4. A friend once told me, after I had my miscarriage, tell the Lord axactly how you feel. He already knows anyway. But she also said, don’t stay there, because I know that exactly what I felt like doing. But God is faithful


  5. Rhonda Harrington

    Love your honest, sincere words to which so many can relate- I am sorry you are living with the reality that your child is in Heaven before you. I am also a bereaved parent- now 11 years out in my journey.

    I would like to make you aware of a faith-based support group exclusively for bereaved parents. It is called While We’re Waiting. God has really blessed this ministry in growth across the nation and beyond. Please check out the website for information- they also have a FB page where parents may post freely in an environment of safety & understanding.

    I am going to share your blog post on the WWW FB page today. Praying blessings & comfort to you & your family-🙏


  6. I had a miscarriage 3 1/2 years ago. I was very surprised to find out I was pregnant at age 45. I had read my chances of miscarriage was 50 percent. But at my first 8 week check up, I thought this is really happening and I was excited. Love babies. Have 3 other children. Anyway I was scheduled for an ultrasound at 9 weeks, but lost it days before. My heart was truly broken. It is a terrible thing to go through. A few days afterwards the Lord spoke to my heart and said, “your love for this child is neither lost or is it wasted.” And some how that helped. Blessings!!


  7. Lots of love to you. God bless xxx


  8. Scott Harmening

    We lost a baby at about 8 weeks (not technically miscarriage, but she had D&C) over 23 years ago. It was hard for her, but no so much for me. It didn’t seem very real to me at the time. But fast forward to last June, and we suffered a soul crushing loss when our 17 year old daughter was killed in a church bus accident. And we deal with a lot of the same things you talk about. We believe that God is good, regardless of our circumstances, but that is something people say when something goes their way. We prayed (a lot) for the mission trip that she was going on, yet God still allowed her to be taken. That is hard to reconcile sometimes. It is a choice to trust and believe, even when you don’t always feel it.


  9. Coming out and telling us your story even though its one of the toughest things you have been experiencing is an encouragement in itself for me. For a couple of years I was like that… i have not opened up my heart to anyone and ran away from people and God when I am in sad that made me more depressed and closed my heart. My thoughts became so close to killing myself at one point. At which point God stopped me and bought me back on a journey to find him and open up. I am inspired by your story that you shared it. I know that the struggle is real. Hope God gives you strength everyday.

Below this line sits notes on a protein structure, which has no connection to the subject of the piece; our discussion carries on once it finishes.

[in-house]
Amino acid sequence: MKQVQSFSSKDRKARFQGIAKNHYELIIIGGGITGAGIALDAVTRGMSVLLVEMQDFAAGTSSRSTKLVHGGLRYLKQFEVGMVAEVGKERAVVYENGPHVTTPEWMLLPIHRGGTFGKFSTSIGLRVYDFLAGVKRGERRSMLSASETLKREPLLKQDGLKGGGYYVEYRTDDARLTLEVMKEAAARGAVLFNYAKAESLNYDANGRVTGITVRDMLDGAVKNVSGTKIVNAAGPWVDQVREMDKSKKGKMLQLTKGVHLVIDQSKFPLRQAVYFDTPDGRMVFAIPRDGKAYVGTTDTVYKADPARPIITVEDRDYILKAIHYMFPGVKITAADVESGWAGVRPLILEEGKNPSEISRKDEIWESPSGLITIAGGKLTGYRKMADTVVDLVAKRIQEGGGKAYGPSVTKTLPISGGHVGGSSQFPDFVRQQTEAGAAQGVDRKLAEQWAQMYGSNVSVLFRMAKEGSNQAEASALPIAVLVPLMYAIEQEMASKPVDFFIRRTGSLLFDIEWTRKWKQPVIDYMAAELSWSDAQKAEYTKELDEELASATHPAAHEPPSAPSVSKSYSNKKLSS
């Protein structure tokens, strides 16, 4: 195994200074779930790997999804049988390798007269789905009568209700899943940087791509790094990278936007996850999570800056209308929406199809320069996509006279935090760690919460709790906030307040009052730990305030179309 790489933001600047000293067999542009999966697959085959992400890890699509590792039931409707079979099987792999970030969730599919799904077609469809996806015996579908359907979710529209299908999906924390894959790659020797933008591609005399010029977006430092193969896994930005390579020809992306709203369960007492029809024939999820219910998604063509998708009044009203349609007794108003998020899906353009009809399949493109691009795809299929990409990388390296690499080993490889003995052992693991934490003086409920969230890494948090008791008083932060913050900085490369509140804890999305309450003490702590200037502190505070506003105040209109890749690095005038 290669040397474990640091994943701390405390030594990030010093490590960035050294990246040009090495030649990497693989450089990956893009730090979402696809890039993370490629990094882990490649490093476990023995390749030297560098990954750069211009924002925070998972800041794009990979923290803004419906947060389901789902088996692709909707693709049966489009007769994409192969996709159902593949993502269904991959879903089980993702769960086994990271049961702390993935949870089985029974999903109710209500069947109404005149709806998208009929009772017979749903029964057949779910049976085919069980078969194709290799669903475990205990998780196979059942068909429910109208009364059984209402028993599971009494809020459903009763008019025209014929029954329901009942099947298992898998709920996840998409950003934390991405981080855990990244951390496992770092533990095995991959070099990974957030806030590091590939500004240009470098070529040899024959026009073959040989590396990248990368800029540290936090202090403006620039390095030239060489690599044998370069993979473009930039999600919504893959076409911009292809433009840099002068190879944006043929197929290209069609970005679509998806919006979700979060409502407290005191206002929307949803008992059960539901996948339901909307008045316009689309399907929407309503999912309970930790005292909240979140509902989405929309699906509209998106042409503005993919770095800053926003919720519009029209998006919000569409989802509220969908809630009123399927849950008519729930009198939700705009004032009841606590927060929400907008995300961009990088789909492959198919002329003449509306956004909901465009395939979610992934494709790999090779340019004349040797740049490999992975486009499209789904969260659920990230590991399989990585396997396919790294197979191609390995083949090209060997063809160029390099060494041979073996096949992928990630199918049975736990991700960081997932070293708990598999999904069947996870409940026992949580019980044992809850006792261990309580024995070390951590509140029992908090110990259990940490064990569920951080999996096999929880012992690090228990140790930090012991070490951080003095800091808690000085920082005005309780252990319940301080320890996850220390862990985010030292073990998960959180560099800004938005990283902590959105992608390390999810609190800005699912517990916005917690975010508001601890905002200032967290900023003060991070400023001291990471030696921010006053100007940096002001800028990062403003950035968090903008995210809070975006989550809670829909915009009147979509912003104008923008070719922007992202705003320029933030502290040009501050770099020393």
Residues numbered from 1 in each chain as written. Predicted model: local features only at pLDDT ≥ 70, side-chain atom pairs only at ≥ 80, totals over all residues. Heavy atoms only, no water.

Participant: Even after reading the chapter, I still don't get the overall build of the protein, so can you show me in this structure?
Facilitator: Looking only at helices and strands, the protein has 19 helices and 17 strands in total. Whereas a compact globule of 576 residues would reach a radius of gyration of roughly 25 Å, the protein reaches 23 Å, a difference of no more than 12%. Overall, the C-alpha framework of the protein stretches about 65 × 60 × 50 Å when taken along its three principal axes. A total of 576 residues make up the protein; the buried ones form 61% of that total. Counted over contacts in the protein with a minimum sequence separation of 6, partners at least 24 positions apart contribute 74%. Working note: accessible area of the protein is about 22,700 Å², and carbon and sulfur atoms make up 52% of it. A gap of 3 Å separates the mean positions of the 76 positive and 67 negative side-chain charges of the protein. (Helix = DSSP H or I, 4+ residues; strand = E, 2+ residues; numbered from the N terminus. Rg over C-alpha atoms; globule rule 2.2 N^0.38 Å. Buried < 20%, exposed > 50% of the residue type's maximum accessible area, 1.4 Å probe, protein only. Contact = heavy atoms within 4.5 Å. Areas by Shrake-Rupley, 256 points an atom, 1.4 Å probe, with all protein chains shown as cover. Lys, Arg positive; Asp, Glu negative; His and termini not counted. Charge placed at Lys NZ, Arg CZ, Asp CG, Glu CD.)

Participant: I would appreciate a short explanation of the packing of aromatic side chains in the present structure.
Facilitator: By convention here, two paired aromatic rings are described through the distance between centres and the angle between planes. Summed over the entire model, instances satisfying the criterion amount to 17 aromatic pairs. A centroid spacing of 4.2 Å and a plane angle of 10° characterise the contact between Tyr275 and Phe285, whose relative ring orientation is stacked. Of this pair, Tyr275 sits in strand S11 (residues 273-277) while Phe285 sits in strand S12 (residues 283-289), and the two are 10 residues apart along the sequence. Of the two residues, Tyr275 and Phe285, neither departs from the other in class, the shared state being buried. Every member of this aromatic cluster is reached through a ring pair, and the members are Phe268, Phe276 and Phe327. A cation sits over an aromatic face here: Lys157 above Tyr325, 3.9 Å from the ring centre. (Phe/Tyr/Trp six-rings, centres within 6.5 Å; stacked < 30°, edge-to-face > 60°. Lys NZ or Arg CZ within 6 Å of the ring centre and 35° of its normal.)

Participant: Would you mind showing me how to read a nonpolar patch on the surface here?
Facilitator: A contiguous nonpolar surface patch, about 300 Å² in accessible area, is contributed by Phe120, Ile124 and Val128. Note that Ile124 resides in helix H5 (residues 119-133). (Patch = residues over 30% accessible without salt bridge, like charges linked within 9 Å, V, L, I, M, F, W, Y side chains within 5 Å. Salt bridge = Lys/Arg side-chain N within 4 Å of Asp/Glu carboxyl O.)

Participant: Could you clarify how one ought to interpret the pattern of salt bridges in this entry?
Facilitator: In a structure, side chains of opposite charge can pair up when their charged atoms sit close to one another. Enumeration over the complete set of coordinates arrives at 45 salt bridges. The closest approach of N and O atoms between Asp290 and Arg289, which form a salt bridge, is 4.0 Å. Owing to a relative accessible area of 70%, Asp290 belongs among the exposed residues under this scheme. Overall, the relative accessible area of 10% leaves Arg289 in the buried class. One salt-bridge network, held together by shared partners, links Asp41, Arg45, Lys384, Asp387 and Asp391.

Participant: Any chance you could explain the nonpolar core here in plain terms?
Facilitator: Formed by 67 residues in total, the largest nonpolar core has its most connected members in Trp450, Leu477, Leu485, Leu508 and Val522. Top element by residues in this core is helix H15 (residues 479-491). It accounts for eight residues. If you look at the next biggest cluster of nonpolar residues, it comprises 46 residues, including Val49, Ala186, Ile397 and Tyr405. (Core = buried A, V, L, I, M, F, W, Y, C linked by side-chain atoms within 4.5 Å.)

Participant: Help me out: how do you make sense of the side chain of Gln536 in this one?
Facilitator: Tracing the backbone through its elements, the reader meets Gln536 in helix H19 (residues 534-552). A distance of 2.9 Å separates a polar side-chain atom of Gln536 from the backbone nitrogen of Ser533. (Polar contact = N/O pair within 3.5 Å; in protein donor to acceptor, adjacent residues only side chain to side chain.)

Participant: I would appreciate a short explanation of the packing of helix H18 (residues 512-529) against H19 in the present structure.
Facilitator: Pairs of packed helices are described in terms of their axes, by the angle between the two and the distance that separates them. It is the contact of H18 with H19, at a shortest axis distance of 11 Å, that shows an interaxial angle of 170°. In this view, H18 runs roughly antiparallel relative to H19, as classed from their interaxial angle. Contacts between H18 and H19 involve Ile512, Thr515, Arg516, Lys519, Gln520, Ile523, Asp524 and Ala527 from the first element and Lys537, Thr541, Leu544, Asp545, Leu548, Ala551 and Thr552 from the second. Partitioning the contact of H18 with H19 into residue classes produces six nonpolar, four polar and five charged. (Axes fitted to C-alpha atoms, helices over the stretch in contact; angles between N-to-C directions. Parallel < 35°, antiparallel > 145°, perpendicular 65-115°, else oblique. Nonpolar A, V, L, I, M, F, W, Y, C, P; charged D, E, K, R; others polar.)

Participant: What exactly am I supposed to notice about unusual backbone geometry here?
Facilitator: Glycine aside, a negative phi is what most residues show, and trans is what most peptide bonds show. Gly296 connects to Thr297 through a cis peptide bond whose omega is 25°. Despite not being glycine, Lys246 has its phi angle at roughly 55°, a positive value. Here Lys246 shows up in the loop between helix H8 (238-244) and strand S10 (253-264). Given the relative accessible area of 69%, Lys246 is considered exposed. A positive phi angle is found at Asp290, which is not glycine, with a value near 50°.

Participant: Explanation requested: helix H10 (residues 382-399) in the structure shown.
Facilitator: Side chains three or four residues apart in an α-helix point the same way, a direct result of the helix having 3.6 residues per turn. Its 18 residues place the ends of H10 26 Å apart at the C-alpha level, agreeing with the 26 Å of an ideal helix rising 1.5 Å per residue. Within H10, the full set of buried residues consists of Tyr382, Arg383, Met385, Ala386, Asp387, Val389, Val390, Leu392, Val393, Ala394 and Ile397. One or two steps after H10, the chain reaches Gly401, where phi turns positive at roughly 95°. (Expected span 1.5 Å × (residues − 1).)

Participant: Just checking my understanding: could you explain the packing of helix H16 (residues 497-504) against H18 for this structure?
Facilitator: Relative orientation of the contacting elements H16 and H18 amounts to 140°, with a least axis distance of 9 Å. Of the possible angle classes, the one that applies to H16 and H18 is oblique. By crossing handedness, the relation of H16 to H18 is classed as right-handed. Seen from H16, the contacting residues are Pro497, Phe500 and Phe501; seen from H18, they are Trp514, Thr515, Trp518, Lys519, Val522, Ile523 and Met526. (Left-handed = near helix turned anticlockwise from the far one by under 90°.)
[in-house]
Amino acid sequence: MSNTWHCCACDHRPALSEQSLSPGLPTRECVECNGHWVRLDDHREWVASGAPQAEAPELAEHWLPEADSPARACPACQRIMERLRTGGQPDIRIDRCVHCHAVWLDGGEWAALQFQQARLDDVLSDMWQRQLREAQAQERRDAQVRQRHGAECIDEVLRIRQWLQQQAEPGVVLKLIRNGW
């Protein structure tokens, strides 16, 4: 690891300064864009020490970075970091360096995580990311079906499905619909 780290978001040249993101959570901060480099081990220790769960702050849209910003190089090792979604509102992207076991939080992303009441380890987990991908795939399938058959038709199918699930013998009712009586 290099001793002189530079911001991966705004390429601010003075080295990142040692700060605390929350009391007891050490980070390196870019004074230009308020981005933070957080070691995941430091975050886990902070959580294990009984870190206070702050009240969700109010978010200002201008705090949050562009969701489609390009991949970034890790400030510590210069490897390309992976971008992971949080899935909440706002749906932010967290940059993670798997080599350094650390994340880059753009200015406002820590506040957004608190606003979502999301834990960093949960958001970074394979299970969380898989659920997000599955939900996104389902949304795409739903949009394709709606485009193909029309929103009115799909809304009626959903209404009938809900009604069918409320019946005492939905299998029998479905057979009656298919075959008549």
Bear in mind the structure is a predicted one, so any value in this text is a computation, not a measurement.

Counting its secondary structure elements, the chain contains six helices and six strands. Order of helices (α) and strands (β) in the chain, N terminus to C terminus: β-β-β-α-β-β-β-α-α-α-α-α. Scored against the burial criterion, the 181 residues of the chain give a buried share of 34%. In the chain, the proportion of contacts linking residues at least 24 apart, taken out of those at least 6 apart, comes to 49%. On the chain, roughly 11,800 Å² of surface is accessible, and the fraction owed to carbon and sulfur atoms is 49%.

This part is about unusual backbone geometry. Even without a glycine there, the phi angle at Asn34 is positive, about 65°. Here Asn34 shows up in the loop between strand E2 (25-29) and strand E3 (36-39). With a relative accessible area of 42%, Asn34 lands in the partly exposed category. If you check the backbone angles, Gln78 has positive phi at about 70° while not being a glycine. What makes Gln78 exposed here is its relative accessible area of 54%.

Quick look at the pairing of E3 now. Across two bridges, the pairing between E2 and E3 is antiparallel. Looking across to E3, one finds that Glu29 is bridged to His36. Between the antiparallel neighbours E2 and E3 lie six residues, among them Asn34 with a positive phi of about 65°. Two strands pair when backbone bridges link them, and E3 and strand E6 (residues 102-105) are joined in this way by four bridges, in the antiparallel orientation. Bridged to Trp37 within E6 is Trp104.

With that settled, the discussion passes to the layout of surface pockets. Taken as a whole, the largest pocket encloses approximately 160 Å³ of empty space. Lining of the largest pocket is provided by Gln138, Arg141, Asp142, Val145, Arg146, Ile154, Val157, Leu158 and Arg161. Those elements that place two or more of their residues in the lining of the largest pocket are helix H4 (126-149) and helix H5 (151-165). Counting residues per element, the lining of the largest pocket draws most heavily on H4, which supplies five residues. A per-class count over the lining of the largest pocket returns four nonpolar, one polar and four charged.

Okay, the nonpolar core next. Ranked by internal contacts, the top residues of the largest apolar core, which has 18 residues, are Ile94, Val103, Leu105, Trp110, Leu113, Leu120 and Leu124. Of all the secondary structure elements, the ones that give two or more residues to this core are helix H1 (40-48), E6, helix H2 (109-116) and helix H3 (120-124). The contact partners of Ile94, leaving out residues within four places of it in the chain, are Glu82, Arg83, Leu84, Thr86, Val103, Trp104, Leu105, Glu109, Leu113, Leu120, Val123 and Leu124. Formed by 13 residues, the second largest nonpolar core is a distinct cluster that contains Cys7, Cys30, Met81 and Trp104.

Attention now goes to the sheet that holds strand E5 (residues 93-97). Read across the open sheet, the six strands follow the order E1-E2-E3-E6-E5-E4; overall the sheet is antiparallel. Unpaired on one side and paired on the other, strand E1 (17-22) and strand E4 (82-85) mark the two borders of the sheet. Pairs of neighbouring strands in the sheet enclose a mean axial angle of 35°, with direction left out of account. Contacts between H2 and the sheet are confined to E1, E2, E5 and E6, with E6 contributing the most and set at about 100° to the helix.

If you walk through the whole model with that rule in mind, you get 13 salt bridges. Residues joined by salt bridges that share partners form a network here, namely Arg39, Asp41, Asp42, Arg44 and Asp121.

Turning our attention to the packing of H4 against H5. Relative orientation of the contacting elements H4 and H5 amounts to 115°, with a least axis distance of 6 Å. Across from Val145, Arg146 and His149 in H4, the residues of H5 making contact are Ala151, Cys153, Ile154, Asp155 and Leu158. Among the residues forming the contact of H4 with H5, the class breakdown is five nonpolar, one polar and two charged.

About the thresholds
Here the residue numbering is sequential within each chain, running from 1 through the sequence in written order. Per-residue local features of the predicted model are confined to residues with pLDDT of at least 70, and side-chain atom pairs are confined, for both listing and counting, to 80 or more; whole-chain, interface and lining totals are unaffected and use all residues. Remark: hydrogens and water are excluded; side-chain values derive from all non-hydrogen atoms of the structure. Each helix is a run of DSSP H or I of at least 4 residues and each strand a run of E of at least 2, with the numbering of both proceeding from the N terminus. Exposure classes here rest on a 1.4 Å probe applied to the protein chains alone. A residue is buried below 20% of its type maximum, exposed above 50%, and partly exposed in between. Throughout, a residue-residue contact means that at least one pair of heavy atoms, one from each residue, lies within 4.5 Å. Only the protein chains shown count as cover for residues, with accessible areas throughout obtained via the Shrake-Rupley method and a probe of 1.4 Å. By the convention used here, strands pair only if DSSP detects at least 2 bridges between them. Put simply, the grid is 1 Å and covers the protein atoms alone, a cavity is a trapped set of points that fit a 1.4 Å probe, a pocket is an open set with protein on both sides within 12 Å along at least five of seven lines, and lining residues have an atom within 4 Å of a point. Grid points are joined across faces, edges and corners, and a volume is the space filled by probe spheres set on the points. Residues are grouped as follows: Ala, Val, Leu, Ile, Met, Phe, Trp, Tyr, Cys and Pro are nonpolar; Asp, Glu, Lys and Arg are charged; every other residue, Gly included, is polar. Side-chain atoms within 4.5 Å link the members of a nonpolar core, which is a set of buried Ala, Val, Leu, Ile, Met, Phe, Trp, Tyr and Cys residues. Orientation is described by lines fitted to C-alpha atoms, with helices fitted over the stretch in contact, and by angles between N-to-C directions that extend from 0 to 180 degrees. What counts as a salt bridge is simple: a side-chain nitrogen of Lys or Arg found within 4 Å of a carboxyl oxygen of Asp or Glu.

10. my wife and I have gone through 11 pregnancies 8 did not survive. 7 of those miscarriages took place after our first 2 children were born. Well meaning people would often encourage us to look on the bright side, we had 2 healthy children.
    With no body to burry there was no funeral or memorial service to help us through our grief just people who meant well trying to tell us that we were blessed to have our other children. We never felt we had permission to grieve with fellow believers and friends because to them this wasn’t that big a deal. It angered me that people in the church during their pro-life arguments talked about murdering the unborn and the value of the unborn child but viewed a spontaneous abortion (miscarriage not caused by a doctor) as no big deal.

    I believe the church must find a way to play a roll in this grief, to help those who have had a miscarriage to mourn their dead child just as we would for anyone who looses a loved one.

    Liked by 3 people

  11. I am very sorry to hear that. I hope you find comfort. My sister had a miscarriage years ago. I had had a dream many years prior to that in which she had a miscarriage but then she had another baby. When she had the miscarriage, she reminded me of the dream I had. I had totally forgotten. She said I know it will be ok. She miscarried on Christmas Day in 2009. December 28, 2010, she gave birth to my beautiful nephew. I pray that you find the comfort that you need and I pray for peace above all else.


  12. I believe you have amazing faith and hope. Even Jesus had his moment when he cried out, “God why have you forsaken me?” But remember, he didn’t stay there, he then surrendered his spirit in peace. Did God forsake him? I don’t believe so, that was his only son whom he loved. Sometimes our pain is so great that we can’t hear God’s voice, a voice that is like a whisper. But God is always talking to us…and to you. His will for you is good, he is restorer. There’s a book and a song I highly recommend. The book is The Shack, the movie is great to. It’s a symbolic view into the heart of God and the trinity through unspeakable loss. The song is Miracles by Chris quilala which he wrote when his new born baby died. Thank you for sharing, and God bless you. Praying for you.